On The Arrest Of Julian Assange

from the this-is-what-we-cover? dept

To date, I had avoided all of the stories both about the allegations against Julian Assange in Sweden, as well as his arrest this morning. But people keep asking us to cover it. Frankly, I'm not sure what to say about it. Assange's former lawyer's writeup for Crikey, in which he presents a compelling, if extremely one-sided view of how Sweden appears to be "making it up as it goes along," is an interesting read but, again, it is extremely one-sided. Slate's more level-headed analysis of questions concerning consensual sex laws is also worth reading.

The reason I have not covered this is, while this whole thing has obviously become political, these charges do not, officially, have anything to do with Wikileaks. Perhaps the two cannot be separated but there's a lot of FUD flying from all sides on this right now and it seems rather early to comment on all of this.

However, I think the larger point is that too many are looking to connect this issue more closely to Wikileaks than it deserves to be connected. We're interested in Wikileaks from a public policy perspective and what it means for free speech, whistleblowing and journalism in a distributed world. I have no idea what happened between Assange and those two women in Sweden and it's difficult to see how adding any commentary on the matter at this stage really adds anything to the discussion.

Filed Under: arrest, julian assange, sweden, uk, wikileaks


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  1. icon
    harbingerofdoom (profile), 8 Dec 2010 @ 8:24am

    Re: Re: Re:

    first, we are talking about some unknowns that are taking place in a foreign country with different laws and there is something very odd about the charges. he was initially charged with something called 'sex by surprise' which is not rape apparently and it has something to do with not wearing a condom. i have no idea what the laws are over there but that seems like a rather odd thing to charge someone with.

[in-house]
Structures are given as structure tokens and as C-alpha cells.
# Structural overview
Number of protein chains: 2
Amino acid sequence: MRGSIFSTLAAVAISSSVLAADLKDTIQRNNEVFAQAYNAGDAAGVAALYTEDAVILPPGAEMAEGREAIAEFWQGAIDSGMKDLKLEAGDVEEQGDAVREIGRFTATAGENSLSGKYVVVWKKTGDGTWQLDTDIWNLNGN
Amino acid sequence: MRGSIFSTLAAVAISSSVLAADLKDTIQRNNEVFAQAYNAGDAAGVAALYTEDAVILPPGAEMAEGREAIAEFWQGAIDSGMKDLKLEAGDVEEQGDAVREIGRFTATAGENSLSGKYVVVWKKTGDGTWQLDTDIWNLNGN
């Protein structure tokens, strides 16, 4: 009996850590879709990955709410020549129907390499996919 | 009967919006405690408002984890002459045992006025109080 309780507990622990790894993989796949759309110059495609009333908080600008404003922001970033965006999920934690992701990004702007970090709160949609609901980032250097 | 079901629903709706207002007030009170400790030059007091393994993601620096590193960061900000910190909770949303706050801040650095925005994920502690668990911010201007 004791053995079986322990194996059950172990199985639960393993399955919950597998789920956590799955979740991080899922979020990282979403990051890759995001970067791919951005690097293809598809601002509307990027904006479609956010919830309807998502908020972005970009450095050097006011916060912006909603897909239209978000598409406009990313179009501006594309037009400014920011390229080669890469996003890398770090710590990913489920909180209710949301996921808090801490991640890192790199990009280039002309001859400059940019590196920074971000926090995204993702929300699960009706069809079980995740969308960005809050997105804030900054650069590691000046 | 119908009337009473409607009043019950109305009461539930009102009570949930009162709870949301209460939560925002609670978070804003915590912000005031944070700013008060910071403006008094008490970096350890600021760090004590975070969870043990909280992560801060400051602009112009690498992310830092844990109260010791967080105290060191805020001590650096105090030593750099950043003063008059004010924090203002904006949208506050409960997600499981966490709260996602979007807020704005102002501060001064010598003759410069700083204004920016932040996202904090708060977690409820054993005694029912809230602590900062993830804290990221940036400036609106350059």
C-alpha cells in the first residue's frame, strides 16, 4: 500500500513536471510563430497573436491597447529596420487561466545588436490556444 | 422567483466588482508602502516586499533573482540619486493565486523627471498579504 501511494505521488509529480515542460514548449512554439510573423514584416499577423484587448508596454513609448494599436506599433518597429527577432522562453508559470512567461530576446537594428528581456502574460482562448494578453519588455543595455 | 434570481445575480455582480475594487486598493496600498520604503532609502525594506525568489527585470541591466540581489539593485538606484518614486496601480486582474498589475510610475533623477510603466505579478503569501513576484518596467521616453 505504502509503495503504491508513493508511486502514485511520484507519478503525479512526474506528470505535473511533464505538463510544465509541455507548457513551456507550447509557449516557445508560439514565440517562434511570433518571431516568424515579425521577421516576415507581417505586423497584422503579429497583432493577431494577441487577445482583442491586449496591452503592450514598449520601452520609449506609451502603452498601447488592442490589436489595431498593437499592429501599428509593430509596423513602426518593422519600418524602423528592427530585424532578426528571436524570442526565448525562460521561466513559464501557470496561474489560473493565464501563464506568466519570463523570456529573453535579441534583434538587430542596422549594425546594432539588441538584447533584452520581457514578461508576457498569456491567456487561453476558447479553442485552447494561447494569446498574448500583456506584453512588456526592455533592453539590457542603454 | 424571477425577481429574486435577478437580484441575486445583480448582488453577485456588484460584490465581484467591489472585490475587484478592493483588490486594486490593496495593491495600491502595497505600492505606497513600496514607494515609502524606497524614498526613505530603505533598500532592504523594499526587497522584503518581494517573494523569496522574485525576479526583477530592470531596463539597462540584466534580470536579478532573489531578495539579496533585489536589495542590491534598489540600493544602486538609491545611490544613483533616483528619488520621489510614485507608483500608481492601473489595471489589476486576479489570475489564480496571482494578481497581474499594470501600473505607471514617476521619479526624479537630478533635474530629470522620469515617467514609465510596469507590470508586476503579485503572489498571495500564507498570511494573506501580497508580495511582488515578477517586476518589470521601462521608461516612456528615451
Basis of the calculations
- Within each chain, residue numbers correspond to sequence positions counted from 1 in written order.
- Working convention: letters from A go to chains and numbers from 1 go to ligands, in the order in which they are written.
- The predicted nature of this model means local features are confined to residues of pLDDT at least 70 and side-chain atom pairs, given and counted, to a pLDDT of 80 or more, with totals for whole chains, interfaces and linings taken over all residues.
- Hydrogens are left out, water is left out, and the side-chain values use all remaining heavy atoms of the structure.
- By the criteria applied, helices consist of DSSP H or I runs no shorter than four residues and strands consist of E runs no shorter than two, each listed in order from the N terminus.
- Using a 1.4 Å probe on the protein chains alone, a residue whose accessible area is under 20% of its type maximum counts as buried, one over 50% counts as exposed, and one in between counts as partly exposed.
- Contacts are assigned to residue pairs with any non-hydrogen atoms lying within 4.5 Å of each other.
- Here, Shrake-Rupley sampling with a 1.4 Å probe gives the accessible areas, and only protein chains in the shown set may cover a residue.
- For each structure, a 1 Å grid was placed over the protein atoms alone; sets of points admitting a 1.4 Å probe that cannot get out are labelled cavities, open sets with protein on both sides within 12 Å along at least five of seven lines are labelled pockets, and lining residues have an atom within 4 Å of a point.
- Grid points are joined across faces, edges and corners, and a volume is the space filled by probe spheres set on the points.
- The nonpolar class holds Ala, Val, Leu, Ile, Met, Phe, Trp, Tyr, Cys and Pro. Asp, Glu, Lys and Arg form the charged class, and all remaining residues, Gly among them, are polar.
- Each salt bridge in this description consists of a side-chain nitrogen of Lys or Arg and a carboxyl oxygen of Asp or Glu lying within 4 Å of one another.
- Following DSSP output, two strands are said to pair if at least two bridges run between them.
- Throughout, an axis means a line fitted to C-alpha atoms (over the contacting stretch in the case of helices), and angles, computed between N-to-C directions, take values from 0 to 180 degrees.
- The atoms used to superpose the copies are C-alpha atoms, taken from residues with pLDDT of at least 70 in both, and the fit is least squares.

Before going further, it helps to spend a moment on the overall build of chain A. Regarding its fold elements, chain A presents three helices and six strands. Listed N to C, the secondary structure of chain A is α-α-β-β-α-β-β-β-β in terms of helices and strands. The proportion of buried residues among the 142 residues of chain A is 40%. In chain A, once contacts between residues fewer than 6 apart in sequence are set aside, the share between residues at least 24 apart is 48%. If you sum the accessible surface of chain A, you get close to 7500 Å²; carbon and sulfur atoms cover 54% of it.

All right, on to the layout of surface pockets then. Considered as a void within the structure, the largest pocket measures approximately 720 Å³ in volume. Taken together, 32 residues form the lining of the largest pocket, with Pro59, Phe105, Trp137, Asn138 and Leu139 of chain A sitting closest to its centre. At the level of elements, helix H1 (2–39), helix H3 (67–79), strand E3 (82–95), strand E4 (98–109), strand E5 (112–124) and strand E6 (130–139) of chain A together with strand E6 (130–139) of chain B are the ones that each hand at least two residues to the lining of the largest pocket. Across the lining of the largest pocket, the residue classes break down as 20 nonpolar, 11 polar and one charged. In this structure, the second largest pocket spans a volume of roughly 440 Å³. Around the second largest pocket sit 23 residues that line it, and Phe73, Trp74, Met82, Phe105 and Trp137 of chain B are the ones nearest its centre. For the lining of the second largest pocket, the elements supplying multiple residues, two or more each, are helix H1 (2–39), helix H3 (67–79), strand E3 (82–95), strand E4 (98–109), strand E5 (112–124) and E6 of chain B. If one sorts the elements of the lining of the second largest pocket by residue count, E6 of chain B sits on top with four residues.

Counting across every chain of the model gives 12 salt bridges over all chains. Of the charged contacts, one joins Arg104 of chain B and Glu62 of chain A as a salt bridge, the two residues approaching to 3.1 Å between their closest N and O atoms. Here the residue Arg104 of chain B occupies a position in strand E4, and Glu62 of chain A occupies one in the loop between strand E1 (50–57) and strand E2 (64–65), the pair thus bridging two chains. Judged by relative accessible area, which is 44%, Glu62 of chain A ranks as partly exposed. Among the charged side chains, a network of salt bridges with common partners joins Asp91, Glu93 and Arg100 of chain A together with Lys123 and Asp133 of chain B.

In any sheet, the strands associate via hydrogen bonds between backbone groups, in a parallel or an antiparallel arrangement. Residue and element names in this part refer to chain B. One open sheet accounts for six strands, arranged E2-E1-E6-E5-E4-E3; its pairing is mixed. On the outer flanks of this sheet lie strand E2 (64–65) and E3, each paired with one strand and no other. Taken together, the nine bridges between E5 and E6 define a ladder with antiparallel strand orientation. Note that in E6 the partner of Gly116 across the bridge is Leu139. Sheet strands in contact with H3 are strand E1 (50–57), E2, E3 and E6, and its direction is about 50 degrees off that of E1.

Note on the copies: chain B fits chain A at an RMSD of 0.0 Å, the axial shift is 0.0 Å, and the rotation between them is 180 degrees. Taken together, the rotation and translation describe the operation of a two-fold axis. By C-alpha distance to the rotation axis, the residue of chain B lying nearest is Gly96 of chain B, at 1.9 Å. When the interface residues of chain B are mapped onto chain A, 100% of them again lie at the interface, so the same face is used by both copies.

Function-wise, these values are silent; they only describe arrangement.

second, if we are going to open this can of worms, lets keep it real. yes women have used charges of sexual misconduct in order to exact revenge upon men when scorned and have done so for years. it happens quite frequently in fact and usually the woman is prosecuted for it when the facts actually come out...which they usually do. to suggest that its such a rare thing to happen is very disingenuous.

    changing any laws to make it more difficult for people to report ANY sort of assault is not the way to handle it and does unfairly stigmatize those who are real victims of such crimes. making sure that the resulting investigation and any following trial are not mishandled by prosecutors and defense attorneys is the way to handle such an issue.

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